Migrant nurses subject to more racism and discrimination since Brexit vote, study reveals

Since the EU referendum in 2016 overseas nurses are experiencing higher levels of discrimination.

Matt Bodell
21 August 2019
ambulatory care service

The nurses reported a rise in racist incidents from both colleagues and local communities.

A new report from academics at the University of Nottingham has found that since the EU referendum in 2016 overseas nurses are experiencing higher levels of discrimination and are more likely to consider leaving the NHS.

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Dr Georgia Spiliopoulos and Professor Stephen Timmons conducted in-depth interviews with both EU and non-EU nursing migrant staff.

One of the most frequent complaints was the increase in racist incidents, since Brexit, from colleagues in the NHS and their local communities.

A survey by the Nursing and Midwifery Council (NMC) revealed that over half of EU nurses leaving said Brexit was a contributing factor to them quitting the profession.

‘No supportive circle of friends’.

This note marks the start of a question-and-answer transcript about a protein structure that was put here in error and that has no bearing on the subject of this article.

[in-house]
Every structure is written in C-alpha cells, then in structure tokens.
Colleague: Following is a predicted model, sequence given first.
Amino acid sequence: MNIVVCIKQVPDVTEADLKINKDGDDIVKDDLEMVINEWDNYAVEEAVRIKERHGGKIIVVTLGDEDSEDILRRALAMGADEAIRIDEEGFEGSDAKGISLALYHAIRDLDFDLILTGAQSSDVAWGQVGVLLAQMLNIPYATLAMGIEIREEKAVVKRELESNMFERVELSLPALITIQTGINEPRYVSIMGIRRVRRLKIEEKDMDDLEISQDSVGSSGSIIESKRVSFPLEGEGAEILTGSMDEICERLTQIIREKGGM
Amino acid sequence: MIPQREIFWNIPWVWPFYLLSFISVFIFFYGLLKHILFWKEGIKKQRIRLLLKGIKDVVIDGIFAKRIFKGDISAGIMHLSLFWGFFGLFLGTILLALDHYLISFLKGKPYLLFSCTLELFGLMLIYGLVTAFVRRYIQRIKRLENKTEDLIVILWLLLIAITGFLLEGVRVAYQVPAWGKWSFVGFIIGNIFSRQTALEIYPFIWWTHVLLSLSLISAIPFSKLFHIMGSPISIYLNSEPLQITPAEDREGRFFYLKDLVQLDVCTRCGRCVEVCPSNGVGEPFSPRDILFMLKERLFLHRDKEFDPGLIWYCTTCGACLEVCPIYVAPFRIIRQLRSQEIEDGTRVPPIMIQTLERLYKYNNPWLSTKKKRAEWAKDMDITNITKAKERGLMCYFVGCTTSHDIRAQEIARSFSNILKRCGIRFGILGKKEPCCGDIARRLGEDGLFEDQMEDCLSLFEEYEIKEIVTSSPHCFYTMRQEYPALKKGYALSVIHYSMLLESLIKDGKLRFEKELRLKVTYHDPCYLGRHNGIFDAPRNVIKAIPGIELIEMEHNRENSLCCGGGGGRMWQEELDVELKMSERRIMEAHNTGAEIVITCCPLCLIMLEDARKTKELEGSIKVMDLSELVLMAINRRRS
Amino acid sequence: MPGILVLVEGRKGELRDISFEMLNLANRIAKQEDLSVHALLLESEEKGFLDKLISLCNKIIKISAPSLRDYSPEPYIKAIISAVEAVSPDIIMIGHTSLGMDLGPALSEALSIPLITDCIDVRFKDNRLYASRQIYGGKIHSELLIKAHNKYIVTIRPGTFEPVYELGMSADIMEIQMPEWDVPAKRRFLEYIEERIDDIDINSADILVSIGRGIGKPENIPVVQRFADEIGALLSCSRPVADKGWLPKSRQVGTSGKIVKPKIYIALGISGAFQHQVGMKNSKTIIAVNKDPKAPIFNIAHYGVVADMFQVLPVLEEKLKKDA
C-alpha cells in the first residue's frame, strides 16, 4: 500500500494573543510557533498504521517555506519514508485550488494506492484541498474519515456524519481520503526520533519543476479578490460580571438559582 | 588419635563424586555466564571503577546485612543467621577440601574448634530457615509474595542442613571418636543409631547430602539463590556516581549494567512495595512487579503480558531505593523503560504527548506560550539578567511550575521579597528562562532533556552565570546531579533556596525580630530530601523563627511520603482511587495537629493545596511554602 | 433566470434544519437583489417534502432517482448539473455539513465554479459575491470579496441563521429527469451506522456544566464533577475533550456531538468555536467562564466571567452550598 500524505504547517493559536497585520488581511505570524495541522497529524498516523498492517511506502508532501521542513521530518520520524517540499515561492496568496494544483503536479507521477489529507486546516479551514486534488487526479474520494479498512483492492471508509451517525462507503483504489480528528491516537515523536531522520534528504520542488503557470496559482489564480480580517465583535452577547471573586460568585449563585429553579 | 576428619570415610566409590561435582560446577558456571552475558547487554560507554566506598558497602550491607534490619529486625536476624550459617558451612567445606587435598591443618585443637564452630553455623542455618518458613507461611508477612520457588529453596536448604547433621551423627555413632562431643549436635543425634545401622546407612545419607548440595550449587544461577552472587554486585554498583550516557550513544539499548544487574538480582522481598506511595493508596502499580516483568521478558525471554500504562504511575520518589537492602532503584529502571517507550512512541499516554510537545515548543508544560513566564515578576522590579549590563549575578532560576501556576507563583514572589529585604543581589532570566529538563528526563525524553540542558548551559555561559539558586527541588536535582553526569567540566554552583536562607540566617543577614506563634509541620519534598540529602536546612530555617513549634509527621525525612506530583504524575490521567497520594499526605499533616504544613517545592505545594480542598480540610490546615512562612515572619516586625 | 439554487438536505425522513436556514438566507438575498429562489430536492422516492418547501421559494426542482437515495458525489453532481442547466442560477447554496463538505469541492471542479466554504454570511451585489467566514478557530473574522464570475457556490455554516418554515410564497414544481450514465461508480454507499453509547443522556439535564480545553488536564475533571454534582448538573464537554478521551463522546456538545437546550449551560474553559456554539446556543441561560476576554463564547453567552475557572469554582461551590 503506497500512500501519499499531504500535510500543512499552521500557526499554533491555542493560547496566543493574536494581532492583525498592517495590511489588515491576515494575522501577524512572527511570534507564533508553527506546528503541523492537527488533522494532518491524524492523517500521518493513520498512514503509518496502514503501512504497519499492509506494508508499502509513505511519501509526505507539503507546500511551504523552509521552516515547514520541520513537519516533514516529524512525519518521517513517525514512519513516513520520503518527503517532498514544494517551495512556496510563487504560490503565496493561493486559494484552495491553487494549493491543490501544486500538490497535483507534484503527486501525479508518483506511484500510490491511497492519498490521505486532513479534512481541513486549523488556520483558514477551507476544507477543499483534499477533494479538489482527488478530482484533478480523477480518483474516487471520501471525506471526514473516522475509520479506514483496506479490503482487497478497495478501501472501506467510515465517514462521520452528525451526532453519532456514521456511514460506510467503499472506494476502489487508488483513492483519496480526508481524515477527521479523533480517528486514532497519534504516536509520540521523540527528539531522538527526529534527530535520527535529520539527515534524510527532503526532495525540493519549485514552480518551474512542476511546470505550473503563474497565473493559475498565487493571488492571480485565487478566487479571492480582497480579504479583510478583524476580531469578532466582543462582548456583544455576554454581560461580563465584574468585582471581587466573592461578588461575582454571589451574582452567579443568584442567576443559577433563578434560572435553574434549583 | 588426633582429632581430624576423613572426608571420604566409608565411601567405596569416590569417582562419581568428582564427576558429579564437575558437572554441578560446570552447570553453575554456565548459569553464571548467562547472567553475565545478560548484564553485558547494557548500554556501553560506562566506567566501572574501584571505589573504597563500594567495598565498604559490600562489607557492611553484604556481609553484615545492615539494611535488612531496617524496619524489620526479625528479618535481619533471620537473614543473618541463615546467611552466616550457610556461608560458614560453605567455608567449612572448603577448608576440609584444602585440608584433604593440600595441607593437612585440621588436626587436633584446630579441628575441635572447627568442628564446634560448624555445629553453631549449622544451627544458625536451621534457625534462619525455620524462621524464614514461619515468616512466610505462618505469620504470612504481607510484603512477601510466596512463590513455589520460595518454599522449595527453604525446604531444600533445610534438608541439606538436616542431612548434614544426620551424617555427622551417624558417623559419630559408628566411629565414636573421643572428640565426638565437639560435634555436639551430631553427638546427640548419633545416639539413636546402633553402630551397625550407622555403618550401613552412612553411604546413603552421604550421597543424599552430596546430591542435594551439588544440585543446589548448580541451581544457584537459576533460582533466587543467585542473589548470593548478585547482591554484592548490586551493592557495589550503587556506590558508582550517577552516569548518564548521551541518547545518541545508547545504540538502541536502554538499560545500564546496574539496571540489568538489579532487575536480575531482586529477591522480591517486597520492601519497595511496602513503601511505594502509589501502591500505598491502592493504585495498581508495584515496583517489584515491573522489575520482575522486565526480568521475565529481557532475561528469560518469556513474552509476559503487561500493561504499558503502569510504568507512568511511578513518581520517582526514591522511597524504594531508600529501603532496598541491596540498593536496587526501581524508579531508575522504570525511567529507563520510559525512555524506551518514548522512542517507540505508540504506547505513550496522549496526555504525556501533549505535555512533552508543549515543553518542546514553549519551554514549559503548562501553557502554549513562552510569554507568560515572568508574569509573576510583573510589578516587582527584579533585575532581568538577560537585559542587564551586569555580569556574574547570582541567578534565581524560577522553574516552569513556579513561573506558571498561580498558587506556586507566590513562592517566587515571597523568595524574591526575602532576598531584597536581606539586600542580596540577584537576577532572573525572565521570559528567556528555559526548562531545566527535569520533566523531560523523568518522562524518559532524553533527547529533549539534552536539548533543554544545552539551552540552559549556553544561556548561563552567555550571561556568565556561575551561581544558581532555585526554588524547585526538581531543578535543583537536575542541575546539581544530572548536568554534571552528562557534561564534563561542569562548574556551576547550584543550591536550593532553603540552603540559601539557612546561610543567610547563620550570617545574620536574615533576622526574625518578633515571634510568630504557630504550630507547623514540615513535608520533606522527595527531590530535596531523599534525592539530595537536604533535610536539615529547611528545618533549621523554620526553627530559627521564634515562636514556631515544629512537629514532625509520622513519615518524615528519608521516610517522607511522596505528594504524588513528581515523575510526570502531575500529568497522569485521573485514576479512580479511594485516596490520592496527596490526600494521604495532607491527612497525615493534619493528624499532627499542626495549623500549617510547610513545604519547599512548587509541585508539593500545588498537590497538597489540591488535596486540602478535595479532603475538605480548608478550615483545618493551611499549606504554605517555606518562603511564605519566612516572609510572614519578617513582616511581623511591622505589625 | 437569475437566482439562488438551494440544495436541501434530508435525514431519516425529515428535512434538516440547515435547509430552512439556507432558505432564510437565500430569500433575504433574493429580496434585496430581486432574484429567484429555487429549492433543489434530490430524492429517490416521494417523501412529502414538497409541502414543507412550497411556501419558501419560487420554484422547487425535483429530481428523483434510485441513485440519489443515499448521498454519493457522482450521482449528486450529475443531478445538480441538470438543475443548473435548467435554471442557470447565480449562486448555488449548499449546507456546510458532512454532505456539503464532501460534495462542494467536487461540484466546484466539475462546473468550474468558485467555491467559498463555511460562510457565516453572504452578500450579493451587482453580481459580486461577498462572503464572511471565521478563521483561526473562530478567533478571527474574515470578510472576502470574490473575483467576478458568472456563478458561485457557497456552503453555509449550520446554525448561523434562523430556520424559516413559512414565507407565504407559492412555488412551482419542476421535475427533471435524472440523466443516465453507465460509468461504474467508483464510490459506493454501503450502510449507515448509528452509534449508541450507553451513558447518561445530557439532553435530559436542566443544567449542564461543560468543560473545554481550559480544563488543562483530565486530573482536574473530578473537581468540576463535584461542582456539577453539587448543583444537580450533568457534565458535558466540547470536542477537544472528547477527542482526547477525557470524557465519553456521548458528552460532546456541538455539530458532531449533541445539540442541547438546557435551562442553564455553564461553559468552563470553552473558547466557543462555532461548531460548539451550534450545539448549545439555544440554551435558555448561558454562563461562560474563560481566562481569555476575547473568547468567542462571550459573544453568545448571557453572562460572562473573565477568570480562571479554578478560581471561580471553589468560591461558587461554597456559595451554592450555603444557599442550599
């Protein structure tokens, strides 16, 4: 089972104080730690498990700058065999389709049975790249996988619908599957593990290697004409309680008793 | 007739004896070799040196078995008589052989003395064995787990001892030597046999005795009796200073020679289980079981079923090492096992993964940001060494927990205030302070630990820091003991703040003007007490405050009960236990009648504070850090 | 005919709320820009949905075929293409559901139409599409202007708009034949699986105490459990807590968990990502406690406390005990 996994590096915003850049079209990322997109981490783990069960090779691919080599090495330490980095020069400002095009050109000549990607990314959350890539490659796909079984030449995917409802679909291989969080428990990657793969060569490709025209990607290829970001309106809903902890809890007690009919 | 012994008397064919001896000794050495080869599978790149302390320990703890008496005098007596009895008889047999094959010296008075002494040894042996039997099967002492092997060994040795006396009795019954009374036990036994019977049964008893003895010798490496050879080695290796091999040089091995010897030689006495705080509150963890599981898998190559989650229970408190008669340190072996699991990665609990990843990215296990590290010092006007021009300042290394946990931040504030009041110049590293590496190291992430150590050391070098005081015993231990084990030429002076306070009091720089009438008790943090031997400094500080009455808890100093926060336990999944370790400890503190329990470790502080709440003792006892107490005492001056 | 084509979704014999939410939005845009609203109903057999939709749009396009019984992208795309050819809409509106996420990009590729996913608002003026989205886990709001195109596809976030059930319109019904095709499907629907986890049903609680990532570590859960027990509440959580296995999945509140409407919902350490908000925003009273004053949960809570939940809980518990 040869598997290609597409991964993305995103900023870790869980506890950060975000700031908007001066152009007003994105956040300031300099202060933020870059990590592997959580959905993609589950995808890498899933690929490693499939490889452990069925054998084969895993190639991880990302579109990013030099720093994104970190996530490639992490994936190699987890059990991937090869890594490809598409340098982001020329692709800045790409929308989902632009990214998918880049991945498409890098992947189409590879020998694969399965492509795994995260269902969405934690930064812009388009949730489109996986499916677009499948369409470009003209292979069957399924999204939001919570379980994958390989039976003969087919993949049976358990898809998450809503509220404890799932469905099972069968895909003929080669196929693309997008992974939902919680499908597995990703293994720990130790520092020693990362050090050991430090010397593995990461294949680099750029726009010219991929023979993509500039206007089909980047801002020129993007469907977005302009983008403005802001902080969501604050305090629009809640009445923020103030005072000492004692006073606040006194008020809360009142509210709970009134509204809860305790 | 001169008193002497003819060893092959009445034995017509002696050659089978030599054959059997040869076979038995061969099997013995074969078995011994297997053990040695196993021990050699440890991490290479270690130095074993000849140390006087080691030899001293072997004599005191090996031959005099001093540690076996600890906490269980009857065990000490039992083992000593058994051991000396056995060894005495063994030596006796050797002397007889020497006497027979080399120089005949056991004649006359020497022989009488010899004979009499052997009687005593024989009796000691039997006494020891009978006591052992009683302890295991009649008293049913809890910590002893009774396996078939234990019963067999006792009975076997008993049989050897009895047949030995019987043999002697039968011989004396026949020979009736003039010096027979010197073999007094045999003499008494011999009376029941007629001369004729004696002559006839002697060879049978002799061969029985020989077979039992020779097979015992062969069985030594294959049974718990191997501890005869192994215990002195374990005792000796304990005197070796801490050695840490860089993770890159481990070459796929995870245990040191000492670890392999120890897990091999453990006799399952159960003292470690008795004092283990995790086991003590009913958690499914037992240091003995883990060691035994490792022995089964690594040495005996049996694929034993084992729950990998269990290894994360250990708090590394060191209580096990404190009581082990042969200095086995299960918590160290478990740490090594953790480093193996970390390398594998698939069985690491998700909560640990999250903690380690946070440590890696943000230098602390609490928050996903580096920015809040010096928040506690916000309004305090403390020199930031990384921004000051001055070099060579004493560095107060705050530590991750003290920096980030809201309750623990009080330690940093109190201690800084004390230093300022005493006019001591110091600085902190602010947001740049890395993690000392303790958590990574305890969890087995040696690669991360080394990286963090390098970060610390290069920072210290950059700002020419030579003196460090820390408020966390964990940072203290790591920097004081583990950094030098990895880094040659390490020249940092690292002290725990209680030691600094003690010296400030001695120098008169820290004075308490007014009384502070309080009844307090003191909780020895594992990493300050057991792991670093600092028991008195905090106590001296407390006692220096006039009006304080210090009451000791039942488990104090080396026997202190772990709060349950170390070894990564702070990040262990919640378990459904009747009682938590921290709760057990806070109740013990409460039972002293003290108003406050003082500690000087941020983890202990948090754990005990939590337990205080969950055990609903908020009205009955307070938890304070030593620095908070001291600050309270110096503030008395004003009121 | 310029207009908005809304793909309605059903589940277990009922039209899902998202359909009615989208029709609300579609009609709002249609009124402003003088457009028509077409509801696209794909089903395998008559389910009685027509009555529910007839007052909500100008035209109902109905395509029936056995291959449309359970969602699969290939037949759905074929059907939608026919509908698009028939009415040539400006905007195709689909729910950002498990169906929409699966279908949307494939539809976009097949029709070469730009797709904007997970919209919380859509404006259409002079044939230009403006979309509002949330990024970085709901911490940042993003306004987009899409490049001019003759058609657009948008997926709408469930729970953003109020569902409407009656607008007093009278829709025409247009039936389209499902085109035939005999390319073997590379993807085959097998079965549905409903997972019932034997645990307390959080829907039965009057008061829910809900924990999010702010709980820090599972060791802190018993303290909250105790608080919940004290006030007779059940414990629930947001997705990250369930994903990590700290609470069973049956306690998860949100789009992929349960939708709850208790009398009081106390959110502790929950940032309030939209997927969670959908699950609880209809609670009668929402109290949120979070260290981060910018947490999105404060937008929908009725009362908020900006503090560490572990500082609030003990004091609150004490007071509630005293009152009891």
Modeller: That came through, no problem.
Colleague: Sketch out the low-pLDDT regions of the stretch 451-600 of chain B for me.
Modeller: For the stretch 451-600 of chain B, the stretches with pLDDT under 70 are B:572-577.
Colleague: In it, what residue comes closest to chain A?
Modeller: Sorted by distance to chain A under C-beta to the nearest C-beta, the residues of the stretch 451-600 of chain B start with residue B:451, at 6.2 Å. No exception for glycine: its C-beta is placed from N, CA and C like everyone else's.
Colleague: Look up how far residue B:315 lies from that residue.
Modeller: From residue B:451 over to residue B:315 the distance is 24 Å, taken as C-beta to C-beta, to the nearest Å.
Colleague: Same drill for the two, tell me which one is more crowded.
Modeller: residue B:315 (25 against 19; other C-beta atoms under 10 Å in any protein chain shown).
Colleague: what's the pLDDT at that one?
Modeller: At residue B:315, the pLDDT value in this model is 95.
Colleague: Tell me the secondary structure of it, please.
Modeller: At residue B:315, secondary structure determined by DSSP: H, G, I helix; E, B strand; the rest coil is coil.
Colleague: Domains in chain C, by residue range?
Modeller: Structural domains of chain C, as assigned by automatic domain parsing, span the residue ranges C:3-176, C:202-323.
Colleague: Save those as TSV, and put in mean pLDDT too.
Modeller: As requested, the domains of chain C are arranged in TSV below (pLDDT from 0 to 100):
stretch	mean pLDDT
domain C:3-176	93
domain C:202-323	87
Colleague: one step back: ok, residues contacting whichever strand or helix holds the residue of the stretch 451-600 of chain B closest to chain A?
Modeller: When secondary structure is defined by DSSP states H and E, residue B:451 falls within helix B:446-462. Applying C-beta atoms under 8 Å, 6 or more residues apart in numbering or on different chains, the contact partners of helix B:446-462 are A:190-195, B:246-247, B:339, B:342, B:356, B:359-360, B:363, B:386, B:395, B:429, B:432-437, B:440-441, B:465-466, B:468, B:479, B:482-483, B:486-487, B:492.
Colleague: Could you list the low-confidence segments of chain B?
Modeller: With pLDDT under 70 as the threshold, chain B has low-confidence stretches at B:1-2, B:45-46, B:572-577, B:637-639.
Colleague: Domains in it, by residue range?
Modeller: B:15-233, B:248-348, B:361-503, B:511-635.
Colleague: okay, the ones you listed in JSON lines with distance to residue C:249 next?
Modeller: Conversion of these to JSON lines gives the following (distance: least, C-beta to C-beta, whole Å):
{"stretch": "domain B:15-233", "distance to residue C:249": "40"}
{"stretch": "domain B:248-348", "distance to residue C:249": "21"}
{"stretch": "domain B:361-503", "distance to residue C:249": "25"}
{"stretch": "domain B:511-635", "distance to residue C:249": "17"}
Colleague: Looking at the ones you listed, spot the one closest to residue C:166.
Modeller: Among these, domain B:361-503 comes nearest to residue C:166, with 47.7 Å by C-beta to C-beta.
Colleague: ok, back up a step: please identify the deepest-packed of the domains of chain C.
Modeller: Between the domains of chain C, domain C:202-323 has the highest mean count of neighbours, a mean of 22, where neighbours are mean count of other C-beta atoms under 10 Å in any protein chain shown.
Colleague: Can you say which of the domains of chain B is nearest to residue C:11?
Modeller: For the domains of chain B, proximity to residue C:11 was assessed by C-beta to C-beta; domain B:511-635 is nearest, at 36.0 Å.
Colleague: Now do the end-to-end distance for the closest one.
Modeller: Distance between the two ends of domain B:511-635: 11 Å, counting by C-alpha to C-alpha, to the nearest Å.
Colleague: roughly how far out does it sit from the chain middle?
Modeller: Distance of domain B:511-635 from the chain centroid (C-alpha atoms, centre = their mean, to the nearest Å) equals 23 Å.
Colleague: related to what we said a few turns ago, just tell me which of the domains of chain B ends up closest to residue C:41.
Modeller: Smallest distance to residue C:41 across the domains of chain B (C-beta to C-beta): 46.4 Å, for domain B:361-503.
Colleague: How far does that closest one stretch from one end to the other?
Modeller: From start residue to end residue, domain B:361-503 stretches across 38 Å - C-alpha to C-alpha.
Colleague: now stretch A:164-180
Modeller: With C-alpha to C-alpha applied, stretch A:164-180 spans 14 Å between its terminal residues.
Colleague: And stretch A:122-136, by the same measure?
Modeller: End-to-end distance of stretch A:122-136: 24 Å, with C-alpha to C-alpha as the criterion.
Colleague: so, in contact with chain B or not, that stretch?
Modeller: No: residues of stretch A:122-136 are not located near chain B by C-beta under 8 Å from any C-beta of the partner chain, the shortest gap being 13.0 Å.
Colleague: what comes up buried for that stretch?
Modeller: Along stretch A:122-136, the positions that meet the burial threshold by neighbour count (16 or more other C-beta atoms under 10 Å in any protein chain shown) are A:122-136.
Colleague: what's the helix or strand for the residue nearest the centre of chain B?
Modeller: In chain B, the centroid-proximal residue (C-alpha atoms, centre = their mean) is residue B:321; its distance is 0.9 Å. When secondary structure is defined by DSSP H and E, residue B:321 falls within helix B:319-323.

The nurses said they felt supported by hospital senior staff with appropriate regulations in place. However, there were differences in practice between NHS Trusts and hospital wards.

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One nurse told the researchers: “After the referendum the situation has changed. I don’t quite feel settled. I had racist attitudes from a patient’s husband. When I was giving his wife her medication he told me to go back to the country I came from.”

Limited career opportunities and bias, from senior staff and management towards promotion, was another obstacle faced by non-British nurses.

Delays in recognising their overseas qualifications or experience and inconsistencies between NHS Trusts, in the length of contracts and benefits offered to non-British nurses, were also cited as reasons not to stay.

Another nurse said; “I am not happy with the job, with no supportive circle of friends, I have no reason to stay here. At this point I am also thinking of migrating to other countries.”

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Serious implications for patient care.

Dr Georgia Spiliopoulos from the University’s Centre for Health Innovation, Leadership and Learning, said; “The referendum result has been interpreted, by the EU and non-EU NHS nurses interviewed, as a signal that migrants are not welcome in the UK and they were considering migrating elsewhere.

“Our findings have serious implications for patient care. There is already a shortage of nurses with an estimated 36,000 nursing vacancies.”

Adding: “Pastoral care and support for career development are important. If these measures are not implemented we will see even fewer nurses in our hospitals.

“NHS Trusts need to do more to tackle these issues by working more closely and sharing best practice.”

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